A study published this week in the British medical journal The Lancet reveals that the rate of diabetes has increased by nearly half between 1990 and 2013 — much of which is linked to a similar increase in the rate of obesity.
The study, which was funded by the Bill and Melinda Gates Foundation and collected data from more than 35,000 sources of data in 188 countries, found that the overwhelming diagnosis for these populations was for Type 2 diabetes, which is typically linked to obesity.
Furthermore, that average of 45 percent was not indicative of the countries with the most at-risk populations — in the United States, the rate of diabetes increased by 71 percent.
Saudi Arabia’s rate increased by 60 percent, China’s by 56 percent, and Mexico’s diabetic population increased by 52 percent.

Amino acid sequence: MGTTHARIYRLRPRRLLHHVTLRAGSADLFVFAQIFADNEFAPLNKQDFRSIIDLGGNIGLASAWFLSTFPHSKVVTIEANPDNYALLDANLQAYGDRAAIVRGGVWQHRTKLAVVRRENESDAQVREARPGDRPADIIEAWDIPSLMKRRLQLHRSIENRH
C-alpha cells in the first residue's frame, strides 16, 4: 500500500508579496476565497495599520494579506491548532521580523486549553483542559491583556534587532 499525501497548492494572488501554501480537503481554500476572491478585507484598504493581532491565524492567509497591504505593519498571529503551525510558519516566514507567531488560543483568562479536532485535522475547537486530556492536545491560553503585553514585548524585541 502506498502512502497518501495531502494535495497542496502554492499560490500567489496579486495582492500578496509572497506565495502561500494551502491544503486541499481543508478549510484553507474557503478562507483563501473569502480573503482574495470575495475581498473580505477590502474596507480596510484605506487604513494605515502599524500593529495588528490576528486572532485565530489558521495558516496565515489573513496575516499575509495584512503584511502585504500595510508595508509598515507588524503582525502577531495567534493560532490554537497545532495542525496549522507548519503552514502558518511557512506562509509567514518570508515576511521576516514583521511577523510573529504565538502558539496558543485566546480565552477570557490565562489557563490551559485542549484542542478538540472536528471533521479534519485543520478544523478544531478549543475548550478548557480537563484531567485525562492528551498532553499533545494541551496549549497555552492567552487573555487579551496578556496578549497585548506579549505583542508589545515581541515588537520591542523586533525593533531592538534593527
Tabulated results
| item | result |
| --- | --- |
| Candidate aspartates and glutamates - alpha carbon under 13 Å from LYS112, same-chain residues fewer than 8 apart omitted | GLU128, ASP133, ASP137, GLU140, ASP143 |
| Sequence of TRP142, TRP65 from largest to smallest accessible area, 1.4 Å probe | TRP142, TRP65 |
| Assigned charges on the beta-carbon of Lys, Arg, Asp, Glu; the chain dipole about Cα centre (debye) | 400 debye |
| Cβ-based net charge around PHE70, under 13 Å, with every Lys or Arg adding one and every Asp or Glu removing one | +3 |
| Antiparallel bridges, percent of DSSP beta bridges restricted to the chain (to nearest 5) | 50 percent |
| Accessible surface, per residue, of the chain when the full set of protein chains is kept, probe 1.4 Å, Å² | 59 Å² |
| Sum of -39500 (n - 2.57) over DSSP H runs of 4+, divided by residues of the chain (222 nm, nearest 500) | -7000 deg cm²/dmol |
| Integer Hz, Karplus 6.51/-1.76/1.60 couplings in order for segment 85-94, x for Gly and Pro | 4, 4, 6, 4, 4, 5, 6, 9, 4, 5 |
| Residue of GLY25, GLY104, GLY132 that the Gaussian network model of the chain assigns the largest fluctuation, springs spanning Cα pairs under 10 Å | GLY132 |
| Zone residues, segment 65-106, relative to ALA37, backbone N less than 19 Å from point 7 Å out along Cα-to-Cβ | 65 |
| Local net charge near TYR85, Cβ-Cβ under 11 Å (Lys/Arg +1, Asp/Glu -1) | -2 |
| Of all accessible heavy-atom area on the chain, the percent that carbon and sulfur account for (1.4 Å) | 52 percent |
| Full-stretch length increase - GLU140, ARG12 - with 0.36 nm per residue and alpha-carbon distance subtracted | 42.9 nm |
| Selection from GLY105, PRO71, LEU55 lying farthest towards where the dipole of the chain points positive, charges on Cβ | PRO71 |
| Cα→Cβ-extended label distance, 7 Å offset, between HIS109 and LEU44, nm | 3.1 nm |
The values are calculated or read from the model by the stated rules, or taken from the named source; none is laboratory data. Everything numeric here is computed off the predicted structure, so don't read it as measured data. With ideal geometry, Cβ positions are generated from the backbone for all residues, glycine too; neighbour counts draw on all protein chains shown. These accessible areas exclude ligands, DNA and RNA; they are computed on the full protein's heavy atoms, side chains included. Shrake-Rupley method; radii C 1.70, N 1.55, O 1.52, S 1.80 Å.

In terms of overall prevalence — how common the disease was among the population — Saudi Arabia had the highest percentage of people affected with 17,817 cases per 100,000 people in 2013.
The good news is that, as the disease becomes more common, medical care and medications have also become more sophisticated.
“On balance the burden is coming down — it’s better to be alive, even if you have disability,” Theo Vos, a professor of global health at the Institute for Health Metrics and Evaluation, told The New York Times. “But the downside is that it requires much more health system resources to treat people with these chronic problems.”